Image of the Day: Indonesia’s Deadly Merapi Volcano


This NASA satellite image shows lava flowing from the Indonesian volcano that has already killed more than 250 people. Taken from the ASTER instrument on Nasa's Terra satellite, the image shows evidence of a large pyroclastic flow along the Gendol River south of Mount Merapi in Indonesia. Light gray volcanic deposits fill the course of the river south of the volcano. The dark gray area closer to the volcano is where a pyroclastic flow spread across the landscape, causing almost total devastation.

A pyroclastic flow is a super-heated fluid mass of rock fragments and gas that moves rapidly in the wake of a volcanic eruption. They can move at more than 100 miles per hour and can be heated up to 800 degrees. Within this dark gray area, most of the trees were knocked down and the ground was coated by ash and rock.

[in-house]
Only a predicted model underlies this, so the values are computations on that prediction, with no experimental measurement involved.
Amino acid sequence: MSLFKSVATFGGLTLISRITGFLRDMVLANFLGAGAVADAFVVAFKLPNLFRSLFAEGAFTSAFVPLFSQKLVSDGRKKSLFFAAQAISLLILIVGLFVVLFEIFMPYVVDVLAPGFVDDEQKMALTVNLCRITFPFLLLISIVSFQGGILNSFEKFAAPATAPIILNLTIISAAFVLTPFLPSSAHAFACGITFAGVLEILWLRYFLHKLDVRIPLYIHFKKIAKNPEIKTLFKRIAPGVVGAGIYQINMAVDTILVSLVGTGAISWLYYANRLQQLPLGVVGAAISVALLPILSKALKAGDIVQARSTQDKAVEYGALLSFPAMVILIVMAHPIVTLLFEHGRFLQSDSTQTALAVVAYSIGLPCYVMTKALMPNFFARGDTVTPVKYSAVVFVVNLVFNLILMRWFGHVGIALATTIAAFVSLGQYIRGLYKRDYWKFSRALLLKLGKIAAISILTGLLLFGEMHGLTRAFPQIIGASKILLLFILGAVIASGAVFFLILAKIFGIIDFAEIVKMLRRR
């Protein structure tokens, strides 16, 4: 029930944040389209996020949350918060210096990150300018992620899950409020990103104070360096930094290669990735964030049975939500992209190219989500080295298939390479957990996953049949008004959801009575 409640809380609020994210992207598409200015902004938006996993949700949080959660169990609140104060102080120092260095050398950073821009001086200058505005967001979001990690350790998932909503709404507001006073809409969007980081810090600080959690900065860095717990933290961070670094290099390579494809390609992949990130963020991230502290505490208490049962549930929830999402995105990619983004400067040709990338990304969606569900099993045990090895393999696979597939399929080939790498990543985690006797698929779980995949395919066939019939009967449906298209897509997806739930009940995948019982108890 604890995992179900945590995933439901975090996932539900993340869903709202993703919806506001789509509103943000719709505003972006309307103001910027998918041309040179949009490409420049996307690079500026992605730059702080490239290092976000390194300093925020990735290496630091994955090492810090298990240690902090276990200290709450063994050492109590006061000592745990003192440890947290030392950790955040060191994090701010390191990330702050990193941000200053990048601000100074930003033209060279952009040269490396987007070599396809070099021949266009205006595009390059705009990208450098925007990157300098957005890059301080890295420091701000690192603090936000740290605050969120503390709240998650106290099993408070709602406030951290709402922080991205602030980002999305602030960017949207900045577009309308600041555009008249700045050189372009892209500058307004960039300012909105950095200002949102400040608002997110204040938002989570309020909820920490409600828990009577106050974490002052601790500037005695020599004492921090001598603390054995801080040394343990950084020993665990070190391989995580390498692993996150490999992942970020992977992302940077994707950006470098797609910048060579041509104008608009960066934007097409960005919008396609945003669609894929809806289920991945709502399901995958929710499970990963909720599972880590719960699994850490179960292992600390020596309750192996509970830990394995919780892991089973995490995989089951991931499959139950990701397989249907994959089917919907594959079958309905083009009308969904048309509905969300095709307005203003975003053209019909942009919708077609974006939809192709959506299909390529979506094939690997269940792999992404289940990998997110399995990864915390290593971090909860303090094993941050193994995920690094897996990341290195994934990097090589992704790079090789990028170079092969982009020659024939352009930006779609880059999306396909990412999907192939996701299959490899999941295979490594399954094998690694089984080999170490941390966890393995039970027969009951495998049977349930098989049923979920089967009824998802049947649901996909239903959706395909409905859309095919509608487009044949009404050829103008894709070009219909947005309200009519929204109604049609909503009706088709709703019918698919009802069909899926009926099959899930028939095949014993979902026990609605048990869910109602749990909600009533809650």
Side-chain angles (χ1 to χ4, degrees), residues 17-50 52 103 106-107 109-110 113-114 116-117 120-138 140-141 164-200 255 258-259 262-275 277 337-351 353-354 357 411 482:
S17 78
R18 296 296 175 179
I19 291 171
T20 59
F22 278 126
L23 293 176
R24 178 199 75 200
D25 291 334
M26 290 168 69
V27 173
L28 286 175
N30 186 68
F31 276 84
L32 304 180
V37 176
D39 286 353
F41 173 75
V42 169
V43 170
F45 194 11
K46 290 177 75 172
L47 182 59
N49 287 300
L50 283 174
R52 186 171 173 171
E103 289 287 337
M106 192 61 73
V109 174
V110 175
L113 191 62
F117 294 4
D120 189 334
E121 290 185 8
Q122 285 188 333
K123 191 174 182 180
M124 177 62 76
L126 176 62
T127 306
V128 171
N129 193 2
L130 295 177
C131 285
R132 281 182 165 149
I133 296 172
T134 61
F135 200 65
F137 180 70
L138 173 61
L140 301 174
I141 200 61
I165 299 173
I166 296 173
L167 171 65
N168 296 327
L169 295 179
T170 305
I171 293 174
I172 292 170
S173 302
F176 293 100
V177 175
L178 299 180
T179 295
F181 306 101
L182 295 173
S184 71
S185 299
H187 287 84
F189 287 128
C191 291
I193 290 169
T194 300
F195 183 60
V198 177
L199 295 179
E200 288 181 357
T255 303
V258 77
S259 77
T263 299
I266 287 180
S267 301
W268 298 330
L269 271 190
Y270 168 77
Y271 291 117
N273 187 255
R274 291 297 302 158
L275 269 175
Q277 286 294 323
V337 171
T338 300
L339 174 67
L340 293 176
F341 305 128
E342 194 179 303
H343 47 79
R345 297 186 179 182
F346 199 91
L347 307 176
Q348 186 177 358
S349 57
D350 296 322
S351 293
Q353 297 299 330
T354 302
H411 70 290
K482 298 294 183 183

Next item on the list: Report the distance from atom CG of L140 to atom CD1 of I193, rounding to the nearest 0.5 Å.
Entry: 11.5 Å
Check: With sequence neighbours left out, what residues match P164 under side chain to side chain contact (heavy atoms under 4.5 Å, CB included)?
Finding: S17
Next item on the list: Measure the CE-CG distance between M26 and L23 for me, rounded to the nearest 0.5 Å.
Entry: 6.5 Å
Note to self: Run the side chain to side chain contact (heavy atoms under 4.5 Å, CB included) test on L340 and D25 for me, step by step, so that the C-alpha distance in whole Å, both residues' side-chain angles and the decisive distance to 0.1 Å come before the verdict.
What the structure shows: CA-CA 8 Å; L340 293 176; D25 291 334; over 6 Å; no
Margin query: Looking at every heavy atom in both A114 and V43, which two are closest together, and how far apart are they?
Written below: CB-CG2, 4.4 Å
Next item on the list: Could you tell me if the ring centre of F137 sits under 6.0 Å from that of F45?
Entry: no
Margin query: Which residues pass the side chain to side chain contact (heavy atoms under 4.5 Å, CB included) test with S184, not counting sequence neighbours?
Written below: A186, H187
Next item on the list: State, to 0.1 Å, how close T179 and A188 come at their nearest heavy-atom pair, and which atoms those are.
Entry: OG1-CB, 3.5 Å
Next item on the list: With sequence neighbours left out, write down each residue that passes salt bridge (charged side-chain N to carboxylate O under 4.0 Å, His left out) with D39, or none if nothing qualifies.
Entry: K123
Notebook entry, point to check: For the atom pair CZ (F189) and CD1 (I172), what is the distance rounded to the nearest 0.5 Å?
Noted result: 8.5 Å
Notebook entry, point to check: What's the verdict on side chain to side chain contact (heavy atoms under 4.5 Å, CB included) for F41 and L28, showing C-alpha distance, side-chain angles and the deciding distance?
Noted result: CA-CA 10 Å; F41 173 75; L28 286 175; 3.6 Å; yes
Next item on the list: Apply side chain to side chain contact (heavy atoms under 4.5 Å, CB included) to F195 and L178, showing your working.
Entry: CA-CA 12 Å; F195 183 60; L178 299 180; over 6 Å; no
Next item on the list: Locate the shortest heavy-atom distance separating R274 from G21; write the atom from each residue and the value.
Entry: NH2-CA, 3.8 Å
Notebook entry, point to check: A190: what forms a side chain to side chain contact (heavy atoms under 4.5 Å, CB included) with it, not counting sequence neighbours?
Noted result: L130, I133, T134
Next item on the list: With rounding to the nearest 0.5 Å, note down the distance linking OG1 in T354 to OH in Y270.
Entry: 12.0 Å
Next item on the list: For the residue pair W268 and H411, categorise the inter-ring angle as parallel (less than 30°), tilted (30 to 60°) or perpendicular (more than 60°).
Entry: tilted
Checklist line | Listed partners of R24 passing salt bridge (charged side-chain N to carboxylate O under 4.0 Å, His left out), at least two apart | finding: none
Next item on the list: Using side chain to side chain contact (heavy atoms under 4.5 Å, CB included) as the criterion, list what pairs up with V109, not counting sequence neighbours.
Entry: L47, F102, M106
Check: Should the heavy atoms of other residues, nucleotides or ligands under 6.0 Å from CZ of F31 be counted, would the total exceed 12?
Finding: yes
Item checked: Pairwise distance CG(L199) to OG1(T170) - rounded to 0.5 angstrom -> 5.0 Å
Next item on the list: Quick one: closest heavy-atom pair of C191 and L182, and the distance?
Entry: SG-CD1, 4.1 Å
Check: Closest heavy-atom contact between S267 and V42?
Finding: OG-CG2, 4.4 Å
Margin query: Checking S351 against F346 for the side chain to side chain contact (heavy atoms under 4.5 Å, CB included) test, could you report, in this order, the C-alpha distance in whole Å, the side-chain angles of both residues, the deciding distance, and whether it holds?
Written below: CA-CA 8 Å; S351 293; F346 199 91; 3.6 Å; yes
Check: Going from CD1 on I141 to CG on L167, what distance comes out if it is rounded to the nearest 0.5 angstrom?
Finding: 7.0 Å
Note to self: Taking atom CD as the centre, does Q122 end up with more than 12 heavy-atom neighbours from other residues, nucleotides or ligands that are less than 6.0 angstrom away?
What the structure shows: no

The notoriously unpredictable volcano in the heart of Java island roared back to life on October 26th, killing more than 259 people in a series of eruptions.Thousands of villagers returned to ash-covered homes along the slopes of Indonesia's most volatile volcano on Monday after the government said some areas well away from the fiery crater appeared out of danger from another eruption.

Merapi was still rumbling and spewing searing ash and debris yesterday but activity has dropped sharply in recent days.

After spending nearly three weeks in crowded emergency camps, the villagers headed up Mount Merapi loaded down with mats, blankets and clothes to find almost everything they had was gone, said Lilik Sujati, the chief of Jati, a village on Mount Merapi.



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